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In some ways it’s hard to take Florida seriously. Home to no one except Seminoles and Caloosas and other assorted tribes, many of whom Andrew Jackson murdered before he frog-marched the survivors to Oklahoma 180 years ago. Refuge for hucksters and schemers, for East Coast/midwest retirees and snowbirds, Cuban refugees and gangsters. Folks who come to this sandspit, where any bump twenty feet above sea level counts as a mountain, come not to put down roots and build new homes in a new land, but to get rich and get out or just get it over with in warmth and comfort.

The whole place is a giant real estate scam, set down among swamps and alligators, there’s neither the culture nor the crops of the rest of the south; e.g., particularly places like New Orleans. It’s home to the country’s oldest city (St. Augustine), but no one seems to know or care much about that. They’d rather promote Ringling Brothers (winter home/museum) and spring training, for crying out loud. Who could be serious about that?

But we’ve learned from time to time, counterintuitive though it may be, that we need to take this place seriously, haven’t we? It’s not all Anita Bryant and orange groves. Corrupt Florida Real Estate was a major component, for example, of the 1929 crash. Fast forward eighty years, and we Though not alone in creating our 2008 financial debacle, Florida house and loan and land grabs contributed more than thier fair share. With a population only half that of California, it nevertheless had a foreclosure rate four times the national average. Perhaps its most important contribution to national snafus came in November 2000. Although electoral votes from a number of other states could have thrown the election to Gore (his own home state’s eleven, for example) Florida became the low point of that particular unholy example of democracy turned sideways–the incompetent tools (Presenting, ladies and gentlemen, the “hanging chad.”) The corrupt denial of thousands to even get a try at hanging a chad. The certification of the uncertifiable by a sexy blonde secretary of state. (And don’t throw up JFK’s narrow win in Illinois bequeathed by Mayor Daly, or LBJ’s Texas Senatorial victory via a “lost” ballot box. Those were cases of calculated, well-executed corruption. This is something different.) Malfeasance and fraud on a scale probably unique in the country since the voting rights act of 1964. If not in  scale, certainly unique in impact. And, finally, the undeniably unique highjacking of the state’s election apparatus by the U.S. Supreme court. How can we blame Florida for what the Supreme Court did? Because they they put themselves into a situation that required, in Barack’s words, “adult supervision.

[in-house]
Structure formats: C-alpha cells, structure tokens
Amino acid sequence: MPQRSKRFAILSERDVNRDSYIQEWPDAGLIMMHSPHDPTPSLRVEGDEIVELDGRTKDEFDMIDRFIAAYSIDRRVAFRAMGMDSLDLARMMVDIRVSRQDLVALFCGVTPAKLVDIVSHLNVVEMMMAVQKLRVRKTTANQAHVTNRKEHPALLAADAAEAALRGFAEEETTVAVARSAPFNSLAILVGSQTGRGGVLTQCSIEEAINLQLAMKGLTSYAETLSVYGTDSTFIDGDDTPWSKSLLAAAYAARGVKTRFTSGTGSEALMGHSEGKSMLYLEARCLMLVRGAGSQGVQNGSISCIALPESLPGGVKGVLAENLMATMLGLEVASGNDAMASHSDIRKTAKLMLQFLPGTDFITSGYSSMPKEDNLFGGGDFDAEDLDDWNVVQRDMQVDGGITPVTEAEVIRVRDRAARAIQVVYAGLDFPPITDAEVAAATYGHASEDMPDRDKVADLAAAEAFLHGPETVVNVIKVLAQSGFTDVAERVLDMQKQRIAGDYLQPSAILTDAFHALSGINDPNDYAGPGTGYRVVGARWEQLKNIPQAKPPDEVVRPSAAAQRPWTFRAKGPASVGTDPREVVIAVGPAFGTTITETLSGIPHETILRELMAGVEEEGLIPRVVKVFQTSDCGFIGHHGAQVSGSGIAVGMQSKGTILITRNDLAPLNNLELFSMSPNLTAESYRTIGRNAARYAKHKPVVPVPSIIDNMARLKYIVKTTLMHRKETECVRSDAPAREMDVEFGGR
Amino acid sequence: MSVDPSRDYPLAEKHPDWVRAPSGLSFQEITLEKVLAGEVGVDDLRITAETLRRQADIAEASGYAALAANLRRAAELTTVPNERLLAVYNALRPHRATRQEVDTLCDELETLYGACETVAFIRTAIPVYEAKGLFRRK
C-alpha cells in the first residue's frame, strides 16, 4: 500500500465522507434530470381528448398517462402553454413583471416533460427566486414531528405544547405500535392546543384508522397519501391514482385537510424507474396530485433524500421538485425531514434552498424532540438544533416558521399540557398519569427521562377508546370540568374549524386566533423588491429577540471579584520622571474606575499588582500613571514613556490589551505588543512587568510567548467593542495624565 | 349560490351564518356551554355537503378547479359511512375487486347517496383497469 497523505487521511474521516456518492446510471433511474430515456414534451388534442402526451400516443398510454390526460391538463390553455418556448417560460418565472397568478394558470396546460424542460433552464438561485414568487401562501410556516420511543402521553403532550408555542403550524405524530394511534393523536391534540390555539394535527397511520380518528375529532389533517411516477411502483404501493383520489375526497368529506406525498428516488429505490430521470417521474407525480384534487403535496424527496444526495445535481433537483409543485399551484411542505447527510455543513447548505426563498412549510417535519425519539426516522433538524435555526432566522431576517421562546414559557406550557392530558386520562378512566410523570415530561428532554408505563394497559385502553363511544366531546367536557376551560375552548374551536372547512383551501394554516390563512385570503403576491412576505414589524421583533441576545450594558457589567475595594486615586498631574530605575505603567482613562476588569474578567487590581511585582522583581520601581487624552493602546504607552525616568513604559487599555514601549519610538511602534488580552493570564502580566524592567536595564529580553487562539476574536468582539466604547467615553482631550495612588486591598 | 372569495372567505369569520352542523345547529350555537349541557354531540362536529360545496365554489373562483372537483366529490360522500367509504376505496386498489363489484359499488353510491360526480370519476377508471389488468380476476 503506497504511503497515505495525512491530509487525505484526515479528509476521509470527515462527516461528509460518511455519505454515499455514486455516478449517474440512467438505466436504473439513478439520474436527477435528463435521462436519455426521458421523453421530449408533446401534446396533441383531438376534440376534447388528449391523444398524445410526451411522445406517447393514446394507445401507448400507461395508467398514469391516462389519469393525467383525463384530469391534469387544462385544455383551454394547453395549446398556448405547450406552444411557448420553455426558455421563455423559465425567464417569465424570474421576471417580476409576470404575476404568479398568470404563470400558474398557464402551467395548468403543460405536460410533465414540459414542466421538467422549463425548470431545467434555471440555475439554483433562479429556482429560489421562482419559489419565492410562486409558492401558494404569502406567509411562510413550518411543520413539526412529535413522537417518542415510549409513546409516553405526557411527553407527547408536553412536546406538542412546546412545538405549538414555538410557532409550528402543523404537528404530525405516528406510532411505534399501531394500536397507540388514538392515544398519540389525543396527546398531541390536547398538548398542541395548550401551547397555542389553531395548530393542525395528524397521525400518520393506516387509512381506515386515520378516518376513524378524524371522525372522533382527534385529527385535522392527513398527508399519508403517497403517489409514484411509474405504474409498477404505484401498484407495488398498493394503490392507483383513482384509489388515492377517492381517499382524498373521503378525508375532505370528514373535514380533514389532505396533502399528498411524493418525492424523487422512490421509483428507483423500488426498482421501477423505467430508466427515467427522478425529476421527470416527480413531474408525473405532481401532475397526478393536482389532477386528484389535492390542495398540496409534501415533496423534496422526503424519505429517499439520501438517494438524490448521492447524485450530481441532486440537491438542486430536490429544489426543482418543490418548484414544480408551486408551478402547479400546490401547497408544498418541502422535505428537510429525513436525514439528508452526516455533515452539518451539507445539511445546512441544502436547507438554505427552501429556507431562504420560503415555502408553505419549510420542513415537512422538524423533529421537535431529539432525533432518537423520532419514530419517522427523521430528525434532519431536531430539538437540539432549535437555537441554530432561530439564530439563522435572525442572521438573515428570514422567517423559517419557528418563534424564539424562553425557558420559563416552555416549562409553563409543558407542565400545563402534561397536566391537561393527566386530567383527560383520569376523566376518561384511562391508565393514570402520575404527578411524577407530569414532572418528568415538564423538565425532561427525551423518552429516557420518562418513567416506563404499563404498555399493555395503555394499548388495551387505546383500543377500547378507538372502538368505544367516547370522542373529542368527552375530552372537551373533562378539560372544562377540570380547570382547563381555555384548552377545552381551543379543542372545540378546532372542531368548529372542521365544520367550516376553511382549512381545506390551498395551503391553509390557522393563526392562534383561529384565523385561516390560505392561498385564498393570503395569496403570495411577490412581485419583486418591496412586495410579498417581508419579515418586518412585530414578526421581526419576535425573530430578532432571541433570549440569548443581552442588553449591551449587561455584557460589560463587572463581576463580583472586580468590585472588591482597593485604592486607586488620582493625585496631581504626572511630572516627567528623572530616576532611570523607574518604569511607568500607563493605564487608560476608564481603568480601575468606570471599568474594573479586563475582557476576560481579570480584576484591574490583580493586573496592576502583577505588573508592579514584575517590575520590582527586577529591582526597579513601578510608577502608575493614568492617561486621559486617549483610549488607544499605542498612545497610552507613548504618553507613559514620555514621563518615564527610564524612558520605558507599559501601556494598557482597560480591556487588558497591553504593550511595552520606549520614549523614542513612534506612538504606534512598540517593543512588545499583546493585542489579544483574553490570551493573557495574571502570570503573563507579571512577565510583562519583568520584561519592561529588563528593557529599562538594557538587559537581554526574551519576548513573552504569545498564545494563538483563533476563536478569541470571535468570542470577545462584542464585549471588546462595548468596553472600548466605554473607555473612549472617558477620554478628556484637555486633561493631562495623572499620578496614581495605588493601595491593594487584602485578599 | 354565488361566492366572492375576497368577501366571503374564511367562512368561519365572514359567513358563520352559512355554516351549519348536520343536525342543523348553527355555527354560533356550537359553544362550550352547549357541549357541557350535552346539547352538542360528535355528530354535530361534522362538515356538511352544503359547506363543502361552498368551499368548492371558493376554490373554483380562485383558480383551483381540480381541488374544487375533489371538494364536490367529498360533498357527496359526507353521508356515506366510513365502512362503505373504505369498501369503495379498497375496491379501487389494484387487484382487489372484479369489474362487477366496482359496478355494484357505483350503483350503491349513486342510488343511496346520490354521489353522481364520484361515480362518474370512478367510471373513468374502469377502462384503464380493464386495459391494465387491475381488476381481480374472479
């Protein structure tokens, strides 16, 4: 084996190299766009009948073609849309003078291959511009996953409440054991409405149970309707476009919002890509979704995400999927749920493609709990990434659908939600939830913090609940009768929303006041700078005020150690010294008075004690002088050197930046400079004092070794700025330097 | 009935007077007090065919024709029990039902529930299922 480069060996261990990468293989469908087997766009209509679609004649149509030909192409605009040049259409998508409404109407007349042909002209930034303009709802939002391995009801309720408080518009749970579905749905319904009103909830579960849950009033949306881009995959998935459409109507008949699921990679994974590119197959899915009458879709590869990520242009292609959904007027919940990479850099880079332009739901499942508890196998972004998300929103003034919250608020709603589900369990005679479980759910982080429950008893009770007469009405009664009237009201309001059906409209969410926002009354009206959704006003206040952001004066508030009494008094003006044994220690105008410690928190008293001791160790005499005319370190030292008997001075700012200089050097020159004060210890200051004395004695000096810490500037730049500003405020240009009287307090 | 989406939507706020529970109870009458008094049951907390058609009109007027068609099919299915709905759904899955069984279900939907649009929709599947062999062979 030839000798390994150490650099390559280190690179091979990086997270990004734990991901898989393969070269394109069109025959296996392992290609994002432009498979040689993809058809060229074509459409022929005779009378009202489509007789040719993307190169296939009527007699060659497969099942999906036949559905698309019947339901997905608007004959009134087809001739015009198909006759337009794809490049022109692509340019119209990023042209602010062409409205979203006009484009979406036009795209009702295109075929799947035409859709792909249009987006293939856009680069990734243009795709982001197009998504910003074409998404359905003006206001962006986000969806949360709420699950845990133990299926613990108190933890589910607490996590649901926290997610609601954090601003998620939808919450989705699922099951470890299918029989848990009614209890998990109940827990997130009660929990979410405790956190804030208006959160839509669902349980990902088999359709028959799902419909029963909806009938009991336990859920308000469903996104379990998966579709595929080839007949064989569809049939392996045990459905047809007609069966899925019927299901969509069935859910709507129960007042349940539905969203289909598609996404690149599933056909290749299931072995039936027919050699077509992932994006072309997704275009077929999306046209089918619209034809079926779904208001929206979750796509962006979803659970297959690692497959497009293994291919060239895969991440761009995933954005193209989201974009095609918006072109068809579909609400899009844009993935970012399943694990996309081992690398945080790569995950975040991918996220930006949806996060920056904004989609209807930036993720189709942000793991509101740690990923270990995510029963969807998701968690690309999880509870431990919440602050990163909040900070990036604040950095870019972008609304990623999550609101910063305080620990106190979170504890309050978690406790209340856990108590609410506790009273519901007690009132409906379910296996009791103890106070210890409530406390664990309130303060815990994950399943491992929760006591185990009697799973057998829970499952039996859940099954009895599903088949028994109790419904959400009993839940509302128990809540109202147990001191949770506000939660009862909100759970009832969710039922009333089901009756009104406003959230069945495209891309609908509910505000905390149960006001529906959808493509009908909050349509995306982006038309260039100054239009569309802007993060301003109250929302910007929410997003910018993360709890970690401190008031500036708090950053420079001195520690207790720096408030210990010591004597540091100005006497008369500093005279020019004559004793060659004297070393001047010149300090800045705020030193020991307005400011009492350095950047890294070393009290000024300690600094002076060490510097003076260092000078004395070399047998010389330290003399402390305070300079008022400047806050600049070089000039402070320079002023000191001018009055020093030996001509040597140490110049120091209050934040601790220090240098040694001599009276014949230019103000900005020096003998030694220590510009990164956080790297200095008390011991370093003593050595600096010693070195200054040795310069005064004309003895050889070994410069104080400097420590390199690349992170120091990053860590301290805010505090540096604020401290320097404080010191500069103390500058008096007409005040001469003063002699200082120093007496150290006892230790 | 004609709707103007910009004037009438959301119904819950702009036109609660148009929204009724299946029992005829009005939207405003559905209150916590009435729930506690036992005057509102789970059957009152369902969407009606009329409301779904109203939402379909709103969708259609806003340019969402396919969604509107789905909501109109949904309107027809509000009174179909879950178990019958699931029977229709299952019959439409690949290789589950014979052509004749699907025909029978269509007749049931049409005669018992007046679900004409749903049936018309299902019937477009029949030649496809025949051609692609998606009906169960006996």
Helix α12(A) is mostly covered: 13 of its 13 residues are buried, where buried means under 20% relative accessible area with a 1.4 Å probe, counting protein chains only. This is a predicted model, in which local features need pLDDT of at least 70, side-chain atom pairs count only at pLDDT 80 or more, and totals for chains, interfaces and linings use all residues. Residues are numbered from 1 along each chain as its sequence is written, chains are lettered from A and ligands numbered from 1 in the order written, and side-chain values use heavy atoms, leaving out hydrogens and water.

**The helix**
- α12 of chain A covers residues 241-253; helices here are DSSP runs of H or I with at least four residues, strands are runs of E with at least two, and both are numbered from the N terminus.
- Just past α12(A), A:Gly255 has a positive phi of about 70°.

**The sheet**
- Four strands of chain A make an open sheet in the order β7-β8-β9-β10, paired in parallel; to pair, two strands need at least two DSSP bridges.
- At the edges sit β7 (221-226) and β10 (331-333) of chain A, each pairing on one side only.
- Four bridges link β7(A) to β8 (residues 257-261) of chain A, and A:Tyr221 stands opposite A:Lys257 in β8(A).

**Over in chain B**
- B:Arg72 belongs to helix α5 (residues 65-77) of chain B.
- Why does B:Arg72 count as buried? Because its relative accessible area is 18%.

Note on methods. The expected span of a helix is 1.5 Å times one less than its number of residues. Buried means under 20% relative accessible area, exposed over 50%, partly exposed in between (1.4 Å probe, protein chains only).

A land of endless beaches, condos, and a revolving population of tax dodgers doesn’t have enough people with a permanent stake in the place to monitor things. All right, so maybe I’m being unfair. My wife says I’m a snob, and I guess I am. Her family (my family now, too, of course.) sees Florida as, if not paradise, at least as THE r&r place. And there’s something to be said for warm. A friend’s daughter–she truly is a resident now, after stints elsewhere–was horrified at my wife’s mention of Minnesota as a desirable place to live. She held her palms up, balancing like a scale Minnesota/Florida, Minnesota/Florida. Florida tipped the scales by a large margin. She likes living where a temperature of sixty means getting out the parkas. What about hurricanes? Oh, I didn’t list hurricanes among the negatives above, did I? Oh, well, let’s not pile it on.

There are some cultural items here. A couple from Cleveland funded and stocked a Dali Museum in St. Petersburg that’s the largest in the world. And it’s splendid, and they’re building a new and bigger model. But how many of the folks flying in come for that? There’s a reason no one I ever talked to  mentioned it, and we were left to more or less stumble on it. What people come here for is spring break, Fort Lauderdale, Connie Frances, Where the Boys are, skipper the almost-talking dolphin. But I was being positive, wasn’t I?

Mentioning beaches  reminds me that they are the best. There’s no about about that.   And there’s a fine movie called, I believe, Sunshine State with Tim Hutton and Jacqueline Basset that–but I think that’s negative too.

Anyhow, if you want pastel and flat and lots of water (though not a lot of it to drink. There’s a drought and water rationing right now) and fishing and boating, it’s the place for you. And doubtless the population is not nearly as transient as I’ve represented it. Probably there are families who have been around for a couple of hundred years before Castro. And there’s NASA and the space shuttle, and I’ve no complaints about them. And then, of course, there’s the military. Forgot about that part. Lots of bases particularly in the north. Anyhow, if there’s a place in Florida for me, it will have to be, I guess, Key West. Full of funk and life on the Hemingway edge. As far south as you can go on the continent. Of course, it is an island. A small one, too, and I have my problems with that. I don’t think I’ll be required to make a choice about where to live in Florida. If I am, these words will make a large meal for me to eat. I’d rather just leave them all on the plate.

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